Yoga for Weight Loss
Yoga, an ancient practice and meditation, has become increasingly popular in today’s busy society. Yoga provides many mental and physical health benefits. Some of these extend to the kitchen table.
The goal during yoga practice is to challenge yourself physically, but not to feel overwhelmed. At this “balance” the focus is on your breath while your mind is accepting and calm.
Yoga studios typically don’t have mirrors. This is so people can focus their awareness inward rather than how their pose or the people around them look. Surveys have found that those who practiced yoga were more aware of their bodies than people who didn’t practice yoga. They were also more satisfied with and less critical of their bodies. For these reasons, yoga has become an integral part in the treatment of eating disorders and programs that promote positive body image and self-esteem.
The practice of yoga supports physical, mental, and spiritual development that allows you to create the best version of yourself.
Yoga may also be an effective tool to help you lose weight, especially the more active forms of yoga. And you may find that the awareness gained through a gentle, relaxing yoga practice helps you to lose weight as well.
Mindfulness refers to focusing your attention on what you are experiencing in the present moment without judging yourself.
Practicing yoga has been shown to increase mindfulness not just in class, but in other areas of a person’s life. The mental and spiritual aspects of yoga focus on developing mindfulness. This increases your awareness on many levels.
Researchers describe mindful eating as a nonjudgmental awareness of the physical and emotional sensations associated with eating. They developed a questionnaire to measure mindful eating using these behaviors:
- Eating even when full
- Being aware of how food looks, tastes and smells
- Eating in response to environmental cues, such as the sight or smell of food
- Eating when sad or stressed (emotional eating)
- Eating when distracted by other things
The researchers found that people who practiced yoga were more mindful eaters according to their scores. A 2016 study suggested that people who develop mindfulness through a yoga practice may be better able to resist unhealthy foods and comfort eating. They may also become more in tune with their body so that they notice when they’re full. Practicing yoga helps you be more aware how your body feels.
People who practice yoga and are mindful eaters are more in tune with their bodies. They may be more sensitive to hunger cues and feelings of fullness.
Researchers found that people who practiced yoga for at least 30 minutes once a week for at least four years, gained less weight during middle adulthood. People who were overweight actually lost weight. Overall, those who practiced yoga had lower body mass indexes (BMIs) compared with those who did not practice yoga. Researchers attributed this to mindfulness. Mindful eating can lead to a more positive relationship with food and eating.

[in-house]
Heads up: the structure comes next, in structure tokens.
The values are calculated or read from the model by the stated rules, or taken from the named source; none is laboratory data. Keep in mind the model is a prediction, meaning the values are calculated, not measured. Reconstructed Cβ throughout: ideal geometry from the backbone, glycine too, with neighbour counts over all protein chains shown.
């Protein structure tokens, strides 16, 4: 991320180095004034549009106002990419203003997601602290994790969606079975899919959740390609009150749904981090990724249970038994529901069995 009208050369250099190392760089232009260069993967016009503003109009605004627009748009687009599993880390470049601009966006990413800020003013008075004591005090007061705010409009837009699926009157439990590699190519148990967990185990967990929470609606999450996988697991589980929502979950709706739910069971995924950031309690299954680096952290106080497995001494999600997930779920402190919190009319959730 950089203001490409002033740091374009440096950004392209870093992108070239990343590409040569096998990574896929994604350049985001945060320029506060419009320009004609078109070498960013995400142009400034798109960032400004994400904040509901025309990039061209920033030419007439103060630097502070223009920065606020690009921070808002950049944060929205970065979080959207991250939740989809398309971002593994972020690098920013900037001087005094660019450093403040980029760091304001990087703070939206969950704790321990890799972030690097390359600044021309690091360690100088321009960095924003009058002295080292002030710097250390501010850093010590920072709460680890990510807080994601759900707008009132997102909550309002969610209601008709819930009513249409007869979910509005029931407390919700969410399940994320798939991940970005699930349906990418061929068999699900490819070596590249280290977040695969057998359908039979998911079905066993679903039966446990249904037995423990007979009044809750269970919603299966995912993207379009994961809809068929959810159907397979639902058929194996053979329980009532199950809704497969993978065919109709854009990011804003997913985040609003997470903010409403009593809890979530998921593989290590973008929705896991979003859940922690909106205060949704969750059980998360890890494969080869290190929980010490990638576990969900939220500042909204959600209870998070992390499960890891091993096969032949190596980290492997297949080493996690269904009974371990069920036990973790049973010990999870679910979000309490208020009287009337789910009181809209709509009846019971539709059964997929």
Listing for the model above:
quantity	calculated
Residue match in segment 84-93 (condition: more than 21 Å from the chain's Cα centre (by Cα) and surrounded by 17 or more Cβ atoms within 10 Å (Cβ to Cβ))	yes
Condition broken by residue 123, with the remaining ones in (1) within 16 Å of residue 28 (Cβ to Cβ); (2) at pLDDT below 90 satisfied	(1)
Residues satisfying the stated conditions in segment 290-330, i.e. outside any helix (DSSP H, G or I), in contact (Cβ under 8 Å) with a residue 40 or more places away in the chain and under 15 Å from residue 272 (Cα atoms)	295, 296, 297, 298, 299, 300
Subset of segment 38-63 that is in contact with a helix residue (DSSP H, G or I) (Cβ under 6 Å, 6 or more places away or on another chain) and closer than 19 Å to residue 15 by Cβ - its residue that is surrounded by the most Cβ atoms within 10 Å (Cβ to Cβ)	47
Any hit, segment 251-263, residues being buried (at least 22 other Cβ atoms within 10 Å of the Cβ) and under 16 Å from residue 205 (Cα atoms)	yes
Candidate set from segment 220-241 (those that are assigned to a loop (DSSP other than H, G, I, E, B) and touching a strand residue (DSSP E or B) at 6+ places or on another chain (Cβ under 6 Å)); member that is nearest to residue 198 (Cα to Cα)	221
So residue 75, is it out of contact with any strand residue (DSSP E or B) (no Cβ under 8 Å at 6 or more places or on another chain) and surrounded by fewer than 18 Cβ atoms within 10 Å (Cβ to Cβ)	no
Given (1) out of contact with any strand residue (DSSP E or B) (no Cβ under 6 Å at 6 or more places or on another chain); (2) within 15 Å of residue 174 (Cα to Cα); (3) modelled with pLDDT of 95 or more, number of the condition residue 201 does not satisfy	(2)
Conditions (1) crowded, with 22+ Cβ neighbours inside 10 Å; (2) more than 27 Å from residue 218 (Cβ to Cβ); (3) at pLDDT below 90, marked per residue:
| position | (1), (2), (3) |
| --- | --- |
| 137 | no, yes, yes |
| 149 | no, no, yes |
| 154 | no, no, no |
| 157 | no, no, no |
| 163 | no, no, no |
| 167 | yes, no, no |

Practicing yoga can help improve the quality of your sleep. You may find that you’re able to fall asleep more easily and sleep more deeply when you have a consistent yoga practice. Ideally, you should sleep between six and nine hours each night.
Sleep quality is also associated with fat loss. A 2018 study found that people who had restricted sleep five times per week lost less fat than the group that followed their normal sleeping patterns. Both groups were limiting the number of calories they consumed, suggesting that sleep loss has an adverse effect on body composition, including fat loss.
Yoga is known for its ability to soothe tension and anxiety in the mind and body. But it can also have an impact on a person’s exercise capacity. While yoga isn’t traditionally considered an aerobic exercise, there are certain types of yoga that are more physical than others. Active, intense styles of yoga help you burn the most calories. This may help promote fat loss and prevent weight gain.
Researchers studied a small group of sedentary individuals who had not practiced yoga before. After eight weeks of practicing yoga at least twice a week for a total of 180 minutes, participants had greater muscle strength and endurance, flexibility and cardio-respiratory fitness.
Several small studies have found yoga to have a positive effect on cardiovascular risk factors: It helped lower blood pressure in people who have hypertension. It’s likely that the yoga restores “baroreceptor sensitivity.” This helps the body senses imbalances in blood pressure and maintain balance.
Another study found that practicing yoga improved lipid profiles in healthy patients as well as patients with known coronary artery disease. It also lowered excessive blood sugar levels in people with non-insulin dependent diabetes and reduced their need for medications. Yoga is now being included in many cardiac rehabilitation programs due to its cardiovascular and stress-relieving benefits.
Researchers are also studying if yoga can help people with depression and arthritis, and improve survival from cancer.
Yoga may help bring calm and mindfulness to your busy life.